Ding ding all aboard. "Next stop Powell Street Chinatown. Tickets please show me your tickets please." There are many things that go into making a city feel like a small community. The fact that San Francisco is only 7 miles wide helps give it the small city feel. If you start to work for the cable car ‘family,’ San Francisco can begin to feel like an even smaller world.
I became friends with one of the cable car conductors who manned my commute to and from work throughout the years. ‘Mark’ was a jovial, kind, friendly man in his fifties and has been a cable car conductor for twenty-five years. On one recent evening, the cable car was empty as I traveled home from work. Mark told me this conductor story.
In the 80’s, Mark moved from Guatemala to San Francisco in search of a ‘better life’ for himself and for his family. He thought he was going to stay for a year, make some money and then move back home. One night after going out to a bar, a friend suggested that Mark try out to become a cable car conductor. And so he did. He told me that the actual conductor test wasn’t the difficult part. The initiation and tough weather conditions were.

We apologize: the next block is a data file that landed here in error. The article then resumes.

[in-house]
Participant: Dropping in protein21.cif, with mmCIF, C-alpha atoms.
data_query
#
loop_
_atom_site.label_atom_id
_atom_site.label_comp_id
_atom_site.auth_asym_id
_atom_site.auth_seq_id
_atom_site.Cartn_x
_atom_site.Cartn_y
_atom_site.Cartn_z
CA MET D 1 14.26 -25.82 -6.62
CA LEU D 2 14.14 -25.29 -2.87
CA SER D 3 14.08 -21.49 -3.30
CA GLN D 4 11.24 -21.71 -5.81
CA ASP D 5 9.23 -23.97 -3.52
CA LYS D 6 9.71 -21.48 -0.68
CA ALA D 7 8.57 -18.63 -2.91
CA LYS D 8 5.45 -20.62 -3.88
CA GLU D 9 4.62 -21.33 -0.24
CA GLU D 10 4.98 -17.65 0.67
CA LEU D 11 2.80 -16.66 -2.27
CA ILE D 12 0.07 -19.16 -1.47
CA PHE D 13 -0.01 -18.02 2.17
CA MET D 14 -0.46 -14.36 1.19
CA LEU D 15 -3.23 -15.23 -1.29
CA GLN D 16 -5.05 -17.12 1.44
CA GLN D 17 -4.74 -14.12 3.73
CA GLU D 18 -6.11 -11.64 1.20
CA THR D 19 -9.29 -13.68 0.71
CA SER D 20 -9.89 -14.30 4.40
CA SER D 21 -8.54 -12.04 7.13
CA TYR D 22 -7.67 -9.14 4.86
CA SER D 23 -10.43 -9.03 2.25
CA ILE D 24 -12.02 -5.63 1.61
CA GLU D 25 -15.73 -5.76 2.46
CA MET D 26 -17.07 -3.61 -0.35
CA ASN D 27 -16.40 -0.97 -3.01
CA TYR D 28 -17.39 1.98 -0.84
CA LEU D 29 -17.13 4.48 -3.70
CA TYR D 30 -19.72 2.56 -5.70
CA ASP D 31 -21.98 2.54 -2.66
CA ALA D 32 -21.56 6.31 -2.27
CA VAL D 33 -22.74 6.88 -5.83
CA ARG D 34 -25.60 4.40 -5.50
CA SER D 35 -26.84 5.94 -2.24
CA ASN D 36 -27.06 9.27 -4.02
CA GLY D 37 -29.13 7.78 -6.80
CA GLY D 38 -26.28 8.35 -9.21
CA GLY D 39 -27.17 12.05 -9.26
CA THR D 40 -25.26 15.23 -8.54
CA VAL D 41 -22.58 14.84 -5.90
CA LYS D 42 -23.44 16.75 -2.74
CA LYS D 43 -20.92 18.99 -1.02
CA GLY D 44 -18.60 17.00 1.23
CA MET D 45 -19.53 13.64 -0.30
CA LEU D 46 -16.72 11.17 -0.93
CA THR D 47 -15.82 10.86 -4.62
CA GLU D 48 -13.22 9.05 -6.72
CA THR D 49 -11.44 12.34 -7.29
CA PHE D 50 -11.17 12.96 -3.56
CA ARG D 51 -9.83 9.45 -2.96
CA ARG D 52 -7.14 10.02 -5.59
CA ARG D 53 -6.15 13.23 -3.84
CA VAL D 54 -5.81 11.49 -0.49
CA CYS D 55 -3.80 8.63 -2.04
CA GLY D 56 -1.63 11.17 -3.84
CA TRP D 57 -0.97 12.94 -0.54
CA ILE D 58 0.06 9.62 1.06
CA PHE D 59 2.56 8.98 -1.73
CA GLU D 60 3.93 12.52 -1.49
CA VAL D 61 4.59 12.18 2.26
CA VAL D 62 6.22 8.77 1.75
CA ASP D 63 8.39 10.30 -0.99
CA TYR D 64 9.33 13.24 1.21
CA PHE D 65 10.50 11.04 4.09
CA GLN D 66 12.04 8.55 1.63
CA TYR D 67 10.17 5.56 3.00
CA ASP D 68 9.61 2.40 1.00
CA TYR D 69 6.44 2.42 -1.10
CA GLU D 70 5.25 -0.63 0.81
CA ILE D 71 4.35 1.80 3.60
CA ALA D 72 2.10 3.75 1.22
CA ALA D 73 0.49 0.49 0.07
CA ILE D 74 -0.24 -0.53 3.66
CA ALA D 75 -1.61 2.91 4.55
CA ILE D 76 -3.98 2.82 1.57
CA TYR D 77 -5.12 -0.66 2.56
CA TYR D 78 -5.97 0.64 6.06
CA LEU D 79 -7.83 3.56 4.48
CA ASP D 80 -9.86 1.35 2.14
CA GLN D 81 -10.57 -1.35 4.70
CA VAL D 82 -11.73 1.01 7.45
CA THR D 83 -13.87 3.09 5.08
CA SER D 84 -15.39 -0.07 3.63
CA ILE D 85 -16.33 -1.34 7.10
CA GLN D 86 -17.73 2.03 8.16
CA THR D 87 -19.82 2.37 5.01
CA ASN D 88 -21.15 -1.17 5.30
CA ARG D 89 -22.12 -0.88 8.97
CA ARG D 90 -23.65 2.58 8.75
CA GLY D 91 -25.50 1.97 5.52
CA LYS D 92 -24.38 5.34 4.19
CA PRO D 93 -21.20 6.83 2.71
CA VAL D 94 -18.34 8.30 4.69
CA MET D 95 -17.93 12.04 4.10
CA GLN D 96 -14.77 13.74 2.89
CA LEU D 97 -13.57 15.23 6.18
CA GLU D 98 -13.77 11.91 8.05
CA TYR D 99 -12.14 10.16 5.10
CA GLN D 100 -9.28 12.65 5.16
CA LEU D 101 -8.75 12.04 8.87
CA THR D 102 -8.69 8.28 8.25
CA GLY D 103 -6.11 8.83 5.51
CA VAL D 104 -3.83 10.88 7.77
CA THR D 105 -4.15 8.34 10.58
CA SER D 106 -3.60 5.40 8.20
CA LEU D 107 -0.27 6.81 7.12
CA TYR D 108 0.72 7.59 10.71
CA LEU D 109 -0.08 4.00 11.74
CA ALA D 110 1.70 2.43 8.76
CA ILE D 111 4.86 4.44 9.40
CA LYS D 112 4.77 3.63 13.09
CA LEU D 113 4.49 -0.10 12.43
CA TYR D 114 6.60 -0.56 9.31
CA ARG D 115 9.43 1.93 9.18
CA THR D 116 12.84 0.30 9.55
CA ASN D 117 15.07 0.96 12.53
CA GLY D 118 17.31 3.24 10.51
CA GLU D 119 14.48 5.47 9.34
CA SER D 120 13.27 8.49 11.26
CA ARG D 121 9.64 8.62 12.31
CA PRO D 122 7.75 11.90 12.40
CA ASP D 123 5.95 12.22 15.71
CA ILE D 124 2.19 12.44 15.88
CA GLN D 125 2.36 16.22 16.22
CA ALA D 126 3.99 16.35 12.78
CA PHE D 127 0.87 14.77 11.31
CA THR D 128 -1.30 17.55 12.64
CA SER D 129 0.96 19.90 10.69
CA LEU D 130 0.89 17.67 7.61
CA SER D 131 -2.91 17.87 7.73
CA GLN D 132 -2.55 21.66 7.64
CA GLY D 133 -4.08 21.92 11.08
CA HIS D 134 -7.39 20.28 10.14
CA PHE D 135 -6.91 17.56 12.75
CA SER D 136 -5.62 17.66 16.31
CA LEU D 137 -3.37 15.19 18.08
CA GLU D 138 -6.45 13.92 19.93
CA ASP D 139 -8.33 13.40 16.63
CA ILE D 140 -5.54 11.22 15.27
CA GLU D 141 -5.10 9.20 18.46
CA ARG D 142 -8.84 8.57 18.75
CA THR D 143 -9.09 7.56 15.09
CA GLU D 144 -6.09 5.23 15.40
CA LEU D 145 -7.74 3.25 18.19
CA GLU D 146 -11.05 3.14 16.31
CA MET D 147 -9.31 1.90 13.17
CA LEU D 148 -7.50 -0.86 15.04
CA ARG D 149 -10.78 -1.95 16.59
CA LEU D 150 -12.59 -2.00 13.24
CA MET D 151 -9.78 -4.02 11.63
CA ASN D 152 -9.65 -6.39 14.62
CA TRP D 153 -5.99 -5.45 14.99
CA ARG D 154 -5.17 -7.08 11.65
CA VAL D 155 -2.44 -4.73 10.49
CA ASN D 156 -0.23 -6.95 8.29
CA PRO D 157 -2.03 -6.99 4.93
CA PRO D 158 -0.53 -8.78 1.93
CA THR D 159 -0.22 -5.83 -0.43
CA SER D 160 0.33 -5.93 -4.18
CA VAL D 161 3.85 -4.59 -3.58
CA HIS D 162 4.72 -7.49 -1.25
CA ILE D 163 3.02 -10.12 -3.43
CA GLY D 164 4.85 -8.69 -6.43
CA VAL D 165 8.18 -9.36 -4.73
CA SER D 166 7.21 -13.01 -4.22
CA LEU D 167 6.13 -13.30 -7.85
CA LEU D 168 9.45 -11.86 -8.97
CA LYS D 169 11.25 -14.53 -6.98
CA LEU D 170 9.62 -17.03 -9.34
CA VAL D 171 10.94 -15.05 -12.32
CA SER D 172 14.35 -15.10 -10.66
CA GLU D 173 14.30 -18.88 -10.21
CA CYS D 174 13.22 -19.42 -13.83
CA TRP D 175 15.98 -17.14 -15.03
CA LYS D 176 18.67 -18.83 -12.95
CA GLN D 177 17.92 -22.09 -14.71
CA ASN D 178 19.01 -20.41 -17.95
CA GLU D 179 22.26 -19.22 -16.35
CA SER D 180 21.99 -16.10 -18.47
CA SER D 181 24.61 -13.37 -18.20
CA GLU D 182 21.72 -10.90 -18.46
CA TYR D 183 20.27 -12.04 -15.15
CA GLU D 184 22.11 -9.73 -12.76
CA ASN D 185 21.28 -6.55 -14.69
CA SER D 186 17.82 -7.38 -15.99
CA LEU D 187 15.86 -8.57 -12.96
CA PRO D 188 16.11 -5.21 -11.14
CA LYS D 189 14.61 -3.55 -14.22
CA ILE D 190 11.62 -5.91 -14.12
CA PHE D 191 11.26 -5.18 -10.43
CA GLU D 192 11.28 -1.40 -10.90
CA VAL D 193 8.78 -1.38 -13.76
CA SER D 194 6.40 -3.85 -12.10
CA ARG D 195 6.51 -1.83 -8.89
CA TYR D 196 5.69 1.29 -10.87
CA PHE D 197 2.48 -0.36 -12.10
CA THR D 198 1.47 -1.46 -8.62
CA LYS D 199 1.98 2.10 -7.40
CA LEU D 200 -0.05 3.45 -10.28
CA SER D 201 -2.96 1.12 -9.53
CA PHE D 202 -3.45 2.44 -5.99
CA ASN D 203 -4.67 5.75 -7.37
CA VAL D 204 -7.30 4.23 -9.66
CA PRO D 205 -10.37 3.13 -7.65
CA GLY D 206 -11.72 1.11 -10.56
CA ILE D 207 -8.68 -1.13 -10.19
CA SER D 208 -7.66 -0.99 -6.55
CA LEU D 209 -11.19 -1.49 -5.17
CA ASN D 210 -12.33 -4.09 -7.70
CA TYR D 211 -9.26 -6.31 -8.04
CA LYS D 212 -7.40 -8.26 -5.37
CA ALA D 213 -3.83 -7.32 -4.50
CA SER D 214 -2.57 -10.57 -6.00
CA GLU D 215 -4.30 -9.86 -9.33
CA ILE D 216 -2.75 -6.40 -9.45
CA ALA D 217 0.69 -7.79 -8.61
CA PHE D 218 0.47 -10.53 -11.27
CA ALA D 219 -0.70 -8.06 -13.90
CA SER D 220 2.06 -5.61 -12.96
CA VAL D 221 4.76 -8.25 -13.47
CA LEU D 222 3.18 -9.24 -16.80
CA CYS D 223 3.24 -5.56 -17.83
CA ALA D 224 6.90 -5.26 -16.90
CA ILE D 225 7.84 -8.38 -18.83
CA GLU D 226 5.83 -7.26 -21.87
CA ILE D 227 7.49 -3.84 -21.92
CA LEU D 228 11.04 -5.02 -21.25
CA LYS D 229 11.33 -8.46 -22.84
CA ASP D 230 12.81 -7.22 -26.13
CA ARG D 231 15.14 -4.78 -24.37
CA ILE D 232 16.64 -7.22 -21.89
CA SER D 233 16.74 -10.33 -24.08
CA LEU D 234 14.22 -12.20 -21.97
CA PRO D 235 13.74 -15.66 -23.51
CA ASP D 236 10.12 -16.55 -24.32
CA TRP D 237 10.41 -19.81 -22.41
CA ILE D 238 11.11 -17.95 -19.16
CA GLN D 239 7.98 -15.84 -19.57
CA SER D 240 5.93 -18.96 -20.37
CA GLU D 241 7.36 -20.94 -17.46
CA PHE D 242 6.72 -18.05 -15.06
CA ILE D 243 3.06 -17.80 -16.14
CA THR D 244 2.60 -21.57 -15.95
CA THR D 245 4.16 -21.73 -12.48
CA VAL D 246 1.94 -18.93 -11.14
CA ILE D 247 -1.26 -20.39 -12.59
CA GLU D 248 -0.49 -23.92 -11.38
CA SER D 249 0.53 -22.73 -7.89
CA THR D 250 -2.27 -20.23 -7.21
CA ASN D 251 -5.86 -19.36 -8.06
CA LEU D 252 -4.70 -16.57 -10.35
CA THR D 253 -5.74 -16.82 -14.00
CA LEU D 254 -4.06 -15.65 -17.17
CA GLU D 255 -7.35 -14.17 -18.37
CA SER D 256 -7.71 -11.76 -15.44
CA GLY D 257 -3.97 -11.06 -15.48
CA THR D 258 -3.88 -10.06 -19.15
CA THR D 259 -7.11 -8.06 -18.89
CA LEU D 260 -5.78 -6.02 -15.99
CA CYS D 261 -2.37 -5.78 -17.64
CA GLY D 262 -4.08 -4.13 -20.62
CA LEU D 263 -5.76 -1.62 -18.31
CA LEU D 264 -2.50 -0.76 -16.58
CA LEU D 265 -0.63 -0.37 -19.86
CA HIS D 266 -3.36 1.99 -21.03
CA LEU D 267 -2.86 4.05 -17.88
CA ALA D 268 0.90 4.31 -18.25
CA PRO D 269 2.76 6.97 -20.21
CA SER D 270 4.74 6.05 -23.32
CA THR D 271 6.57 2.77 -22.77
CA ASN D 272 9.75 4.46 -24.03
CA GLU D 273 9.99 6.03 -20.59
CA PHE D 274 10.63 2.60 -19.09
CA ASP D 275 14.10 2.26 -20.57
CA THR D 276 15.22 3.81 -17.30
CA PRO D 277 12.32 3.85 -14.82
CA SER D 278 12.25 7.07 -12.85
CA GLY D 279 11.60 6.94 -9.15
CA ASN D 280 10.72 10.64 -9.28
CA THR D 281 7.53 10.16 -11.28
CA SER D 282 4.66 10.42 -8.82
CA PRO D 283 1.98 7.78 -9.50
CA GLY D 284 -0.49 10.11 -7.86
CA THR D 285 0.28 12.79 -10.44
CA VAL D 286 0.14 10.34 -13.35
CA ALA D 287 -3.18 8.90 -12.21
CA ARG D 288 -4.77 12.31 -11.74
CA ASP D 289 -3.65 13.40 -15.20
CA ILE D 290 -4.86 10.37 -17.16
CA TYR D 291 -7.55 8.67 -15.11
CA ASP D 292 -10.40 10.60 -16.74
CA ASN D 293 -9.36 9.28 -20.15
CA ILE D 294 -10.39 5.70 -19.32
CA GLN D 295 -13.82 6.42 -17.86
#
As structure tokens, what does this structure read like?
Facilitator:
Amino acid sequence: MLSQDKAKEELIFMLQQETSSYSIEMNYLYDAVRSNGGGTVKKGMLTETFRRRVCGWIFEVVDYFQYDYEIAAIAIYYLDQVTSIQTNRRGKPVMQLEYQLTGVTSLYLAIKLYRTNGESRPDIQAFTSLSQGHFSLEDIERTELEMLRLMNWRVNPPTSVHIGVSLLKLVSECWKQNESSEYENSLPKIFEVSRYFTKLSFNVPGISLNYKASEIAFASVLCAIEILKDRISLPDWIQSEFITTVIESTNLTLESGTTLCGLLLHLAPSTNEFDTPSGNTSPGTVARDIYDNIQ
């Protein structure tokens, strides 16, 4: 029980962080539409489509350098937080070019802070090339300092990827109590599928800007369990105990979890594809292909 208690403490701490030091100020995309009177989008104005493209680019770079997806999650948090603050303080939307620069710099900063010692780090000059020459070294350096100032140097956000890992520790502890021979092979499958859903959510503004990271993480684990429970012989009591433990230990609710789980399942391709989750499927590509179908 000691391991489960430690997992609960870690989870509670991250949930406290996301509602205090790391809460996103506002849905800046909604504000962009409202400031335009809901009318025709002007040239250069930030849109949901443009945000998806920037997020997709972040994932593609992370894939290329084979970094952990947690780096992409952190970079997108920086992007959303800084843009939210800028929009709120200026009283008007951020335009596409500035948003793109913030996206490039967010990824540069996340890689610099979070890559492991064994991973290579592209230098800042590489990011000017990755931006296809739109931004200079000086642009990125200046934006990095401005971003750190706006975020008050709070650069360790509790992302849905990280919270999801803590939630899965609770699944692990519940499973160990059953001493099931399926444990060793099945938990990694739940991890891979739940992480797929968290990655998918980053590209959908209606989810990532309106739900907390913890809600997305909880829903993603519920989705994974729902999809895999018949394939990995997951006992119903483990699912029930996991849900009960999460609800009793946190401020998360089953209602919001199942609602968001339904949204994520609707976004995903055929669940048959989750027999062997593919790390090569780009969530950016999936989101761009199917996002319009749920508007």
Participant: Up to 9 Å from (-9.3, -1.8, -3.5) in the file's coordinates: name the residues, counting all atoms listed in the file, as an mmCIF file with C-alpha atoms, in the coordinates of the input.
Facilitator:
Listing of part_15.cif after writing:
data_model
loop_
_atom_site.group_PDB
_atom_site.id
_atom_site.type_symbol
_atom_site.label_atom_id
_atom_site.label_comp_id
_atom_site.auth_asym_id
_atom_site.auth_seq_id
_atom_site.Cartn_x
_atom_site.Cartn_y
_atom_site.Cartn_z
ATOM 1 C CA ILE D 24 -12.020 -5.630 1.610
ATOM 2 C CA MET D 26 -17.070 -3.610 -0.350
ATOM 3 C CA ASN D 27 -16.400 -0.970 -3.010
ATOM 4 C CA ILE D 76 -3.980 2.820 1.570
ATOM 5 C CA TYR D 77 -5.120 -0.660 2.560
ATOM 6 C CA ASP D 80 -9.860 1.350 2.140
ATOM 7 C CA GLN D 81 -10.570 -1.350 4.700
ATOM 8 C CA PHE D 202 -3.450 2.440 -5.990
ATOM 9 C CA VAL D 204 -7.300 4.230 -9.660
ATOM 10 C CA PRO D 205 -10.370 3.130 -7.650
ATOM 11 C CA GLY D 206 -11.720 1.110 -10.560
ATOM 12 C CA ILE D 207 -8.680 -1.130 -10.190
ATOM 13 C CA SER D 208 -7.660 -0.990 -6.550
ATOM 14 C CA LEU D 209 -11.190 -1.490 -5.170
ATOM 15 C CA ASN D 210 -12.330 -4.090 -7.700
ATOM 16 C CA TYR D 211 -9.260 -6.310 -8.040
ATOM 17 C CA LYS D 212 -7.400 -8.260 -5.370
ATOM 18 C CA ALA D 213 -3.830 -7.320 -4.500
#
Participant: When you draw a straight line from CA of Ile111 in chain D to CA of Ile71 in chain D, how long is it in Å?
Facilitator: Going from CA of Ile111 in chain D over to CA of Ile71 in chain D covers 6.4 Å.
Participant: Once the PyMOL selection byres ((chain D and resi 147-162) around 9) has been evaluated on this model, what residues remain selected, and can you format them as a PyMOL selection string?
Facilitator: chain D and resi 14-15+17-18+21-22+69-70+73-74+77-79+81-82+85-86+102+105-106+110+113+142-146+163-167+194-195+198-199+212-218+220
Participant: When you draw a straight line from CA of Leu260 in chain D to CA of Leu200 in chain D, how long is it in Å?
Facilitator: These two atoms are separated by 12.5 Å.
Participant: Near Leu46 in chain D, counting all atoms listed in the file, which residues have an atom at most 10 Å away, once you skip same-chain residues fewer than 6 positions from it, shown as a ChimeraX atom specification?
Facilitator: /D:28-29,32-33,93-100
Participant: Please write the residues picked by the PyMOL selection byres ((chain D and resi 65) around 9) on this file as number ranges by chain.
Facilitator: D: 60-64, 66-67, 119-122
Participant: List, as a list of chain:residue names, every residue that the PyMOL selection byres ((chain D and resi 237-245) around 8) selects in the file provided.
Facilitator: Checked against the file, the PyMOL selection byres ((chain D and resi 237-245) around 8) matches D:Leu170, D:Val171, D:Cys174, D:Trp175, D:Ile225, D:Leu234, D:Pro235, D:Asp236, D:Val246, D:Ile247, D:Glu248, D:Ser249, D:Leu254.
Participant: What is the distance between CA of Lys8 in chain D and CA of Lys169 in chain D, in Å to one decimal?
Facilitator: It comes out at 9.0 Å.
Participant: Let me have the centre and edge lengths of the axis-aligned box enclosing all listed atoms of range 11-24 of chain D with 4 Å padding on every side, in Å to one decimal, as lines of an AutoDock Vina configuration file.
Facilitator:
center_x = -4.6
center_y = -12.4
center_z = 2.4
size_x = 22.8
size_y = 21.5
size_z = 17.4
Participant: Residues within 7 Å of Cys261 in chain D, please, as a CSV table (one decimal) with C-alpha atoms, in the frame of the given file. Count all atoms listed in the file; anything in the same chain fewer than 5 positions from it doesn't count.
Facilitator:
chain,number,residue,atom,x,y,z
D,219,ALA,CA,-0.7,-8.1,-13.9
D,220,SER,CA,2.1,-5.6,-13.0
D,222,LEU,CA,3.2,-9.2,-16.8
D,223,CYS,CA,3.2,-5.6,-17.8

After Mark had earned his stripes on the cable car and had been on the job for a year, the other conductors started to let him in on the inner workings of the city. They began introducing him to the other people who help support the tourism and hospitality fields. Now Mark knows almost all of the bartenders, concierge, doormen, taxi cab drivers, restaurant managers and bus drivers in San Francisco. His conductor’s secret is all of these people send tourists to each other for discounts and care.
For example, Mark met a couple visiting San Francisco from Mississippi. The couple complained that they had only been sent to expensive restaurants by their hotel and were starting to run out of money. Mark sent them to a restaurant near by and told them to ask for the restaurant manager by name and let him know that Mark sent them. He assured them they would then be taken care of for the rest of the night.
The next day the couple waited at the cable car stop for Mark’s car. They got on and thanked Mark for a wonderful evening. The couple had followed his recommendation and asked for the restaurant manager. Immediately the manager discounted their bill. He then sent them to a bar for drinks. At the bar they let the bartender know that they knew Mark the cable car conductor and were also sent by the restaurant manager. The bartender gave them free drinks, didn’t charge them a cover, arranged for a discounted cab, and even set them up with a great deal at a better San Francisco hotel.
The moral of this story is to always be kind, especially if you’re on the cable car. What's an act of kindness that happened to you while visiting another city?